Following the mission, a supplementary immunization campaign with oral polio vaccine is planned, even though Israel continues to maintain high vaccination coverage and polio immunity in the population. The decision to launch the campaign reflects both the estimated extent of circulation of the virus and the Israeli authorities’ commitment to interrupt transmission as rapidly as possible.
The virus was originally isolated from sewage samples collected in Beersheva in February 2013. Since then it has been isolated in further samples from different locations, most recently in early June. Genetic sequencing and epidemiological investigations have established that it is of the South Asian genotype and not related to the virus currently affecting the Horn of Africa. WHO experts are working with scientists from Israel’s national polio laboratory to gain further understanding of the origins of the virus.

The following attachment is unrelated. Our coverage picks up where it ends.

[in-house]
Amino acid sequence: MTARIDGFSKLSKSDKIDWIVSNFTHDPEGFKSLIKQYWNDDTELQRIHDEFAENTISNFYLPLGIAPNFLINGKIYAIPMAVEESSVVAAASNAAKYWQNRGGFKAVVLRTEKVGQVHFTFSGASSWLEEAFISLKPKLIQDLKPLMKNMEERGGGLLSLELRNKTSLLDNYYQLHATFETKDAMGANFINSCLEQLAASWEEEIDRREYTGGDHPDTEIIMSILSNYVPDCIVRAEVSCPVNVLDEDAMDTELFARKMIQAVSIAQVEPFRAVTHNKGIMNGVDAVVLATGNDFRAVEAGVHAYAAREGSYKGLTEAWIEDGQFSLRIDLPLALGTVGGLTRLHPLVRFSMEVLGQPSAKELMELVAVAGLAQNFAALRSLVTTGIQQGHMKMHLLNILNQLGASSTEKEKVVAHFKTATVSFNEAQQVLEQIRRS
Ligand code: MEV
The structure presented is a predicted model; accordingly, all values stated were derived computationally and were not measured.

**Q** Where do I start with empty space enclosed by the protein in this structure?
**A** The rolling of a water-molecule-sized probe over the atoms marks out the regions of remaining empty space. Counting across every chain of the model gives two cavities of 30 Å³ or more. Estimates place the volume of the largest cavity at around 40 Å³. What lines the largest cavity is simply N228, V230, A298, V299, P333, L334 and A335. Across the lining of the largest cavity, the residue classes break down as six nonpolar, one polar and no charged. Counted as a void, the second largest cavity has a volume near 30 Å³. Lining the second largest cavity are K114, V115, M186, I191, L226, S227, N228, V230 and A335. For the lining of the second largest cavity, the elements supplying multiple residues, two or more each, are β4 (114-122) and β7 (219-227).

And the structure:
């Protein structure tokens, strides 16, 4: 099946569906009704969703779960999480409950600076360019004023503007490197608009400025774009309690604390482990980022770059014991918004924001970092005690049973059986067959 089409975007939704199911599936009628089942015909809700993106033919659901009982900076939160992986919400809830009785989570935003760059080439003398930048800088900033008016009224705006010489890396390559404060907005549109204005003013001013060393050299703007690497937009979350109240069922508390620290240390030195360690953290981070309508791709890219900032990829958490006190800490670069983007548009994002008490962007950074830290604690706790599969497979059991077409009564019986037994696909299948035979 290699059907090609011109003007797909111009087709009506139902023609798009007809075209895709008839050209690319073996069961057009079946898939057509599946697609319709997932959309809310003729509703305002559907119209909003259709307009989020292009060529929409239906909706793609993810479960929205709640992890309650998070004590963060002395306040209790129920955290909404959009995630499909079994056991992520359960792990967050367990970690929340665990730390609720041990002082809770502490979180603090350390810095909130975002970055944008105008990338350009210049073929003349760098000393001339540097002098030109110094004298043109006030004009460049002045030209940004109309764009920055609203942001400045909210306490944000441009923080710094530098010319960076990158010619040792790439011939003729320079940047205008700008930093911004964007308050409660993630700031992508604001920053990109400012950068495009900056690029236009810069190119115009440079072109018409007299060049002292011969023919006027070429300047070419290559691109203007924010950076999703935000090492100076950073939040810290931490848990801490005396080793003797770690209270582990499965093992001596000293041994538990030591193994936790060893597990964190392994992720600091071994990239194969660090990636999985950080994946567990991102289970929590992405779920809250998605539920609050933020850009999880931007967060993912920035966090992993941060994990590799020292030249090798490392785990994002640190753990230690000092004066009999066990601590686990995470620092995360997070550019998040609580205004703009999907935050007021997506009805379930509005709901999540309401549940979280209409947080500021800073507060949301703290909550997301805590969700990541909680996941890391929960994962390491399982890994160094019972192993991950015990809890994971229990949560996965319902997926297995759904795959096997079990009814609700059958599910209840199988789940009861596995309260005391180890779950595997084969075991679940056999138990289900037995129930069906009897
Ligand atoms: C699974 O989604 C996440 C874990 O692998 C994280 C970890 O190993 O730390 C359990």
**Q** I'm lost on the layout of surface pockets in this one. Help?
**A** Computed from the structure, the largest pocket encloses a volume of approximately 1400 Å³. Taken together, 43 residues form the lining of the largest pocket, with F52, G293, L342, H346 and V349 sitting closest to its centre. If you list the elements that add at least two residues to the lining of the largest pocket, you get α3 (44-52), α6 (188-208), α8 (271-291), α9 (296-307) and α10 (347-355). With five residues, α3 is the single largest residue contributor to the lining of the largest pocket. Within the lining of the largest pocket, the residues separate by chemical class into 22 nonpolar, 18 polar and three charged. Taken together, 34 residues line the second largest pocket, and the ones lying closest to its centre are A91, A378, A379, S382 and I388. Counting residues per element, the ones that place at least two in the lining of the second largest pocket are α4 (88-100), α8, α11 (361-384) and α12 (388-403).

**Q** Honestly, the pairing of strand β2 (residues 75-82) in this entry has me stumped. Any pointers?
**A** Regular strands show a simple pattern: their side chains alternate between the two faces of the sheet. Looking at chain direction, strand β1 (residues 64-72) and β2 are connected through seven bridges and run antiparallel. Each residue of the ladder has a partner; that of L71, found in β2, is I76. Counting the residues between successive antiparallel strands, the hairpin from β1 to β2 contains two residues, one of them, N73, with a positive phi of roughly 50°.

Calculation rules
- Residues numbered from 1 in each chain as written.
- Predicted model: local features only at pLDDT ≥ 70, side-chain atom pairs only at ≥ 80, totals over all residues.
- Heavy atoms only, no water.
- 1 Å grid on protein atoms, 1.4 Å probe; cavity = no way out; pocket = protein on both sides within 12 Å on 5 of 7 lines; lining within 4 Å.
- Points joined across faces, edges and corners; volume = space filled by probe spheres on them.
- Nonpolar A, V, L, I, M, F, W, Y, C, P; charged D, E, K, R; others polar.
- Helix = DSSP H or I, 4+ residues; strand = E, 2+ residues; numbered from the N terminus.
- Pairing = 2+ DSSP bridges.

Israel has systematically conducted environmental sampling for many years, and the poliovirus was detected thanks to this vigilance. Public health authorities continue to monitor the situation carefully, and measures have been taken to increase surveillance and reporting for possible human cases, regardless of age.

The aim of the supplementary immunization campaign is to protect any children in the country who may have missed routine vaccinations for any reason. In southern areas, adults are also being assessed and those thought to be susceptible are being immunized.

Israel’s Minister of Health, Mrs Yael German, and the Director General of the Ministry of Health, Dr Ronni Gamzu, expressed their appreciation for the mission at a press conference on Wednesday, 26 June, praising the team’s professionalism and supportiveness.

Dr Dina Pfeifer, Programme Manager for Vaccine-preventable Diseases and Immunization at WHO/Europe, acknowledged the Israeli public health authorities’ readiness to cooperate with the WHO-led mission: “We have reviewed the evidence and the steps that have been taken to date. We are thankful to the Government of Israel for their openness and we are fully committed to supporting their efforts.”

Israel and polio

Israel has been free of indigenous wPV transmission for 25 years, the last cases of paralytic polio having occurred in 1988. At that time the authorities launched a mass vaccination campaign immunizing the population aged 0–40 years with oral polio vaccine.